To use this verse in that way is to answer a question with it that it’s not asking.  The author of this gospel was not writing as the leader of a major world religion saying our way is right and the rest of you are wrong.  The author of this gospel was writing in a time when following Jesus was a very new thing, when he and his friends were still very much an under-the-radar minority crowd.  This verse is a joyful affirmation of their faith in Jesus.  The community out of which this gospel arose remembered Jesus saying, I am the way and the truth and the life, and found themselves saying, yes!  Jesus’ way is the way of truth and life for us.  In him and his way, we have seen God.

Jesus is talking to his closest friends when he says, no one, meaning not one of you, has come to know God except through me.  And that, that is something we too can nod our heads at.  We too are people who have come to know God through the love of Jesus Christ, the love that welcomes all at the table, that bends down to wash dusty feet, that opens its arms wide and gives up its life.  That is indeed the way of truth and life for us as well.

So when our hearts are troubled, deeply grieved, or simply overwhelmed by the future, we will trust this way, this way we know in Jesus.

After reminding them of their core identity Jesus gives his disciples a charge.  You who trust in me will also do the works that I do, and, in fact, will do greater works than these.  What’s that part about?

The work he has done has been to make God’s love manifest, to put skin on God’s love.  He has welcomed outcasts and losers to his table.  He has wept with friends and rejoiced at weddings.  He has taken little and fed a multitude.  And he will, just after this, give up his life for this very love he has made incarnate, thereby robbing death of the last word for all time.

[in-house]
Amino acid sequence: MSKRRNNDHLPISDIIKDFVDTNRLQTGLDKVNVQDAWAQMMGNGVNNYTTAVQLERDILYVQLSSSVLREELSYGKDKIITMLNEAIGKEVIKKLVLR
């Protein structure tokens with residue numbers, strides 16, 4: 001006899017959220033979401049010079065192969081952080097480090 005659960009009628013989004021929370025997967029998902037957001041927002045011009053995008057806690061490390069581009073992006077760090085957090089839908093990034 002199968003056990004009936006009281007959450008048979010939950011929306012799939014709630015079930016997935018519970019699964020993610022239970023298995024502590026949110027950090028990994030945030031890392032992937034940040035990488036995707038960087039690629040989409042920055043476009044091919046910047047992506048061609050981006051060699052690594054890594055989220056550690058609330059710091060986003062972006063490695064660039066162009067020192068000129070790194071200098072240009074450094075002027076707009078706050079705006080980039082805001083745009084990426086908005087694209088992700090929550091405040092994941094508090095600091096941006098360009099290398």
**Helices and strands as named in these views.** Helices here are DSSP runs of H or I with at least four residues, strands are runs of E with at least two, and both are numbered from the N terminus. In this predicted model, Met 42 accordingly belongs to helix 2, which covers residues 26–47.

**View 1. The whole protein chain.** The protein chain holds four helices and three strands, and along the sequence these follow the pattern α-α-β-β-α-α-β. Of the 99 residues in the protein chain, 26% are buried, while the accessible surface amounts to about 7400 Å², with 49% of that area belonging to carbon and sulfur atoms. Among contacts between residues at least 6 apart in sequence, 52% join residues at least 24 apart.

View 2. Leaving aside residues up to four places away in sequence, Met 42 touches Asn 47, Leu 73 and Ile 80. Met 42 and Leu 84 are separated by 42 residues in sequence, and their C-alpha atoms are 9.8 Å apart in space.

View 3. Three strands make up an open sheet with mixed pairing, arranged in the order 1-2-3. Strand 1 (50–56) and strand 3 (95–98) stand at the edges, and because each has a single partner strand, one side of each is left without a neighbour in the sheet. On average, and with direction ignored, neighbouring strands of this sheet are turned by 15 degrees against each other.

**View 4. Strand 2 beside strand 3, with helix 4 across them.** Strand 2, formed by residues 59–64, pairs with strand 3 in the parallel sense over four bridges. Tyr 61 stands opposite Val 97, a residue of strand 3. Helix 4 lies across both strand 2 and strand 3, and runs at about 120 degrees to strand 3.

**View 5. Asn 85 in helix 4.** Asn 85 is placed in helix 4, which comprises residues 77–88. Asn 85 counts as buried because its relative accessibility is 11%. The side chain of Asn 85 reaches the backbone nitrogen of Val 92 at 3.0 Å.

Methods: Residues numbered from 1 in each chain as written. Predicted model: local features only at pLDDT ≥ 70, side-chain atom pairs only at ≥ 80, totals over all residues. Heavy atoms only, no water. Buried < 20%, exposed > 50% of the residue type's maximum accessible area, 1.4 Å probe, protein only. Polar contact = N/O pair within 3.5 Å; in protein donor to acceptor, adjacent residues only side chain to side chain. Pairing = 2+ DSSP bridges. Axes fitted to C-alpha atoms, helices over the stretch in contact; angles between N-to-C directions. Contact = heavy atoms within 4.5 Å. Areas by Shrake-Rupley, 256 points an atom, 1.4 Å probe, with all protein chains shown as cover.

And now a new time is coming, when that love that he has made incarnate will need some new skin.  And so he says to his followers–it’s your turn now.  You are to be my body in the world.  Trust in me, trust in the love you have come to know in me, and do the work of that love in the world.  This is Jesus’ word to his disciples when their hearts are troubled.  Hear it again: Do not let your hearts be troubled. Trust in me, trust in the love you have come to know in me, and do the work of that love in the world.

In the face of all we can’t control, in the face of change we do not understand, in the face of new life we can’t yet grasp, Jesus’ words still speak to us.  Do not let your hearts be troubled, he says.

As we ask what do we do now as a congregation, as the people of Bethany, Jesus says do not let your hearts be troubled.  Trust in God your maker and mother; trust also in me and the love you have seen.  Give your hearts to that love, that self-emptying, death-defying love.  Believe in it.  Stake your life on it.

There will be many other answers that the world offers as you seek out the future.  Do not believe them.  Trust in me.  My love will not let you go.  New life will yet spring forth.  Be part of that new life with me, Christ says to us today.  Do the works that I have done in your midst.  Trust in the love you have known in me and share it with the world.

What do we do now?  We hang our hearts on Christ, and we get busy doing the work of his love in the world.  We trust in God.  We trust in the love we’ve come to know in Christ.  And we share that love with all we meet.

In Christ’s name, may it so be.  Amen.

Bethany Presbyterian Church
May 22, 2011
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2 Responses to what do we do now?

  1. Carolyn Joy says:


  2. Wilma Steele says:

    Yes! I look forward to your blogs so much. Thank you for sharing with us.